Several cases of police abuse remain unresolved since 2002. In April 2002, police beat a human rights activist who came to the aid of another demonstrator. The investigation into this incident concluded that the police were not at fault.In May 2002, the Department of Military Intelligence (DMI) reportedly kidnapped a citizen and beat him in retaliation for his involvement in another demonstration. At year's end, there was no government investigation into this incident nor was any punishment exacted.

In September 2003, three ex-detainees filed a criminal complaint against an ex-senior intelligence official and a retired security intelligence officer, Colonel Adil Jassim Flaifel, accusing them of torturing detainees from 1981 to 1996. Colonel Flaifel denied any wrongdoing, and the Public Prosecutor rejected the detainees' complaint. In 2002, lawyers for eight citizens made allegations against Colonel Flaifel for routinely engaging in torture and mistreatment of prisoners. According to Amnesty International (AI), the general prosecutor in the Legal Affairs Bureau did not acknowledge receipt of the complaint. He asserted that the general amnesty issued by the King in 2001 applied to government employees as well as citizens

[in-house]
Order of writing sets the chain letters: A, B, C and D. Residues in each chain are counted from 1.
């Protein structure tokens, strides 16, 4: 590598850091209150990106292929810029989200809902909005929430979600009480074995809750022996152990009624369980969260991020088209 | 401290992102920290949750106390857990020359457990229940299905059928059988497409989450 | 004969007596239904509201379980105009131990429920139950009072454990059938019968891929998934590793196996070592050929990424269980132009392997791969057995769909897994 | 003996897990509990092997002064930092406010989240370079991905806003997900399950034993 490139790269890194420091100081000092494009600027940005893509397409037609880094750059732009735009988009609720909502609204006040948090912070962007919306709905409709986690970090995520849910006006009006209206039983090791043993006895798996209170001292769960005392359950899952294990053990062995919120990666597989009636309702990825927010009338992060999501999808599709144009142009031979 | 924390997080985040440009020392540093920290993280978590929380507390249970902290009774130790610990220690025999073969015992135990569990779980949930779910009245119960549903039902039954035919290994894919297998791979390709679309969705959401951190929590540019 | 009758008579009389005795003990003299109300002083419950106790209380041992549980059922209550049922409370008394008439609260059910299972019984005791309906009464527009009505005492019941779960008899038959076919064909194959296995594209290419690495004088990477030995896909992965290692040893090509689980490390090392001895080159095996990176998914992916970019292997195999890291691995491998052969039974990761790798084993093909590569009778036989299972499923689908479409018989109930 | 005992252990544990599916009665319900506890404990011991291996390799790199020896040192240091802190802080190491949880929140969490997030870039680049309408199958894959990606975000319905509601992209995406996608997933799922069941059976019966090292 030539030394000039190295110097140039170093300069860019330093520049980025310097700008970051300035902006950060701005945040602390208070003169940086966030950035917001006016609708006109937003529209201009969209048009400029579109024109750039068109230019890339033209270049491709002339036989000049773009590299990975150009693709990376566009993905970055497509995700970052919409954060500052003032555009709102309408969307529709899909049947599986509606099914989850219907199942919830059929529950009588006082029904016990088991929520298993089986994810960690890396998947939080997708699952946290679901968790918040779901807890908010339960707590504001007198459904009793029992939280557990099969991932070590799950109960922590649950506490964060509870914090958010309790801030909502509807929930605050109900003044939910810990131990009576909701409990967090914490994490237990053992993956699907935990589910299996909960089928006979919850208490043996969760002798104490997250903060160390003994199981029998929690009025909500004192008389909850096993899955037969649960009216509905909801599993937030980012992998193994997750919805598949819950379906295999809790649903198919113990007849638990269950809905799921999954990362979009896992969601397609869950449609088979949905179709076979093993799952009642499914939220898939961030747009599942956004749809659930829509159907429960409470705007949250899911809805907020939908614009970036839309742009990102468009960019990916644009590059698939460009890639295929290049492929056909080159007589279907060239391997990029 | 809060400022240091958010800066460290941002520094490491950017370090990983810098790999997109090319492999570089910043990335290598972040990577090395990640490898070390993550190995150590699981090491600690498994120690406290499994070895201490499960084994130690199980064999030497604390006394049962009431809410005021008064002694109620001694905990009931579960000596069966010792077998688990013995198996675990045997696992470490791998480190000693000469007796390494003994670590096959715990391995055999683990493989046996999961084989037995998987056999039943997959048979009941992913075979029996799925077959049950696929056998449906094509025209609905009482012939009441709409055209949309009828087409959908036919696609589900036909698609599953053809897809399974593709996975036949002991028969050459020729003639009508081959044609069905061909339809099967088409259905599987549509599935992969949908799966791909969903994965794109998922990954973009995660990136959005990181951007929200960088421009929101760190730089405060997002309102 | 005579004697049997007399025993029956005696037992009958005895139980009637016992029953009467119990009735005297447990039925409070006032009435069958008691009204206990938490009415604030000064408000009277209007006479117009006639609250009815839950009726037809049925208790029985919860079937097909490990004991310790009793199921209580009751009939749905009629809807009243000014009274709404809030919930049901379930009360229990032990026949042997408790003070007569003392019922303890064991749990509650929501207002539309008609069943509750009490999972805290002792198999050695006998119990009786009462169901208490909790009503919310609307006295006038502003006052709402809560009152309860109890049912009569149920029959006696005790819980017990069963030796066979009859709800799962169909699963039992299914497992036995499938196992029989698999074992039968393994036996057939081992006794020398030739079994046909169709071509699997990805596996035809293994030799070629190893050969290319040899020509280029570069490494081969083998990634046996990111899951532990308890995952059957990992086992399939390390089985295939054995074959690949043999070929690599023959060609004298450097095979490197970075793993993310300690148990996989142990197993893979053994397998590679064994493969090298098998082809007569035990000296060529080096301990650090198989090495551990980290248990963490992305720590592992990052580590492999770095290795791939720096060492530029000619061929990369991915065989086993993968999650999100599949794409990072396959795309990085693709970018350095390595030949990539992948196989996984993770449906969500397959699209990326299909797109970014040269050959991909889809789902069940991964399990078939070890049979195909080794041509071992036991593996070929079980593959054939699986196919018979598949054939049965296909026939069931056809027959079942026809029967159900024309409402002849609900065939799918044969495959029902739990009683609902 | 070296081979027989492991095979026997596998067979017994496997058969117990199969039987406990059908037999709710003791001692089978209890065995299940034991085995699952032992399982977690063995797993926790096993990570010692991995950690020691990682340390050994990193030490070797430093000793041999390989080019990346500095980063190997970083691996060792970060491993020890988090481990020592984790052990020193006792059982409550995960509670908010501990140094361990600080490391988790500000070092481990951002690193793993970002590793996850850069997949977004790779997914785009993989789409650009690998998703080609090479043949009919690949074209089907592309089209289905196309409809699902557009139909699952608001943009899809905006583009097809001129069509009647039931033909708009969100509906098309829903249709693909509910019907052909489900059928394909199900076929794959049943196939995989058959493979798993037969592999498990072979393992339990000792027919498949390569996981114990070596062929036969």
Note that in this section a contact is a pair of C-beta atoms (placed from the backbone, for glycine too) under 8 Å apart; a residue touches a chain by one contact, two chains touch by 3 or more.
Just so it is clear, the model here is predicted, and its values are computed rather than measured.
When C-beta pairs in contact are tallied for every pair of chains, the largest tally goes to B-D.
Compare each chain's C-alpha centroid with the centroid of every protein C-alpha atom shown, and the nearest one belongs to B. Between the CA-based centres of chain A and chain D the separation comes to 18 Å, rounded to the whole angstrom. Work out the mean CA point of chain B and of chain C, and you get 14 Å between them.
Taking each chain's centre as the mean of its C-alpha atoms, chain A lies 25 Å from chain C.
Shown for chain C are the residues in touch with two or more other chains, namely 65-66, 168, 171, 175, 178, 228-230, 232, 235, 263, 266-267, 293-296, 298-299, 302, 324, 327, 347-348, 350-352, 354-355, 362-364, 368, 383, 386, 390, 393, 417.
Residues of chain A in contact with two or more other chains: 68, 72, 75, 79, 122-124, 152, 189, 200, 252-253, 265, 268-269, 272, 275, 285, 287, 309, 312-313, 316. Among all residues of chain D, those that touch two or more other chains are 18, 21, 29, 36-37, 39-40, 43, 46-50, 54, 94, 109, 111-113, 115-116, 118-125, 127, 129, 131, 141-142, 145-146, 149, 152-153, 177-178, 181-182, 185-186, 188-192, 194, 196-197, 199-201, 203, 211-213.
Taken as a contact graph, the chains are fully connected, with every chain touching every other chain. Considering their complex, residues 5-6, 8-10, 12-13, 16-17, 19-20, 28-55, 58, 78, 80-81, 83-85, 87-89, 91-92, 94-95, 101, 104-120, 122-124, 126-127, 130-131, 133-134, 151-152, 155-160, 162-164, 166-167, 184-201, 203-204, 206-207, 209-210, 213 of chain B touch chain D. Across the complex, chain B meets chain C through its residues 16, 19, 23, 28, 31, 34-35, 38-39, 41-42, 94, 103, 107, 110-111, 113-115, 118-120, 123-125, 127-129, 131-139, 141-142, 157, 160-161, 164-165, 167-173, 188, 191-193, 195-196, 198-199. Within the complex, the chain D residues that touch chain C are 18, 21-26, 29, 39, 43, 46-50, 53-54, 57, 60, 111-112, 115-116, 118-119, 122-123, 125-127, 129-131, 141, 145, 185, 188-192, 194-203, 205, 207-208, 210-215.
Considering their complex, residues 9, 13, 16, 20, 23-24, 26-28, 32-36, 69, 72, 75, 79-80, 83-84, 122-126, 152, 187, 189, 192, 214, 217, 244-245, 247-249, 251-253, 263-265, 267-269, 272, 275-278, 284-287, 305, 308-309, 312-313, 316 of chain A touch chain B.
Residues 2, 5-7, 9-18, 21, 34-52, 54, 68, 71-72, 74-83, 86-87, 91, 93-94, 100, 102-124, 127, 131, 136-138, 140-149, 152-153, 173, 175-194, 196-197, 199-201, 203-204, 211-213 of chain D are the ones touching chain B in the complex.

Unlike last year, there were incidents of violent societal abuse by vigilantes. On March 12, following liquor vendors' refusal to suspend operations after their neighbors' demands, between 100 and 200 Shi'a protestors entered 4 houses and destroyed a large number of bottles of liquor. Police eventually defused the violence hours later. The Interior Minister issued a statement that citizens may not take the law into their own hands, and instead should address complaints to the ministry.

On March 17, as many as 150 Shi'a youths attacked a Manama restaurant located near a conservative Shi'a neighborhood. The restaurant was known to serve alcohol and was frequented by foreigners. The youths arrived with knives, rocks, and Molotov cocktails. They set fire to five vehicles and doused the back wall of the restaurant with gasoline. Police were slow to respond and stood outside the restaurant for 20 minutes before engaging the mob. Police arrested 12 teenagers and detained 4 more for questioning; however, the King pardoned all 16 teenagers at the request of their families.

In 2003, credible reports of prisoner beatings and mistreatment surfaced during three strikes at Jaw prison, in the southern part of the country. In August 2003, a prisoner was allegedly beaten in front of his family. News of the mistreatment reached 282 prisoners in Building 4, who proceeded to take over the building and stage a 14-day hunger strike. Press reports stated that the prisoners sought better living conditions, medical treatment, monitoring by human rights organizations, and a halt to beatings by prison guards. The Ministry of Interior negotiated the end of the strikes by promising to establish a joint parliamentary and Ministry of Interior commission to investigate claims. The commission began work in April 2003; however, findings of the commission's investigation have still not been made public. In February, the Ministry of Interior improved medical care, social services, and food at Jaw prison.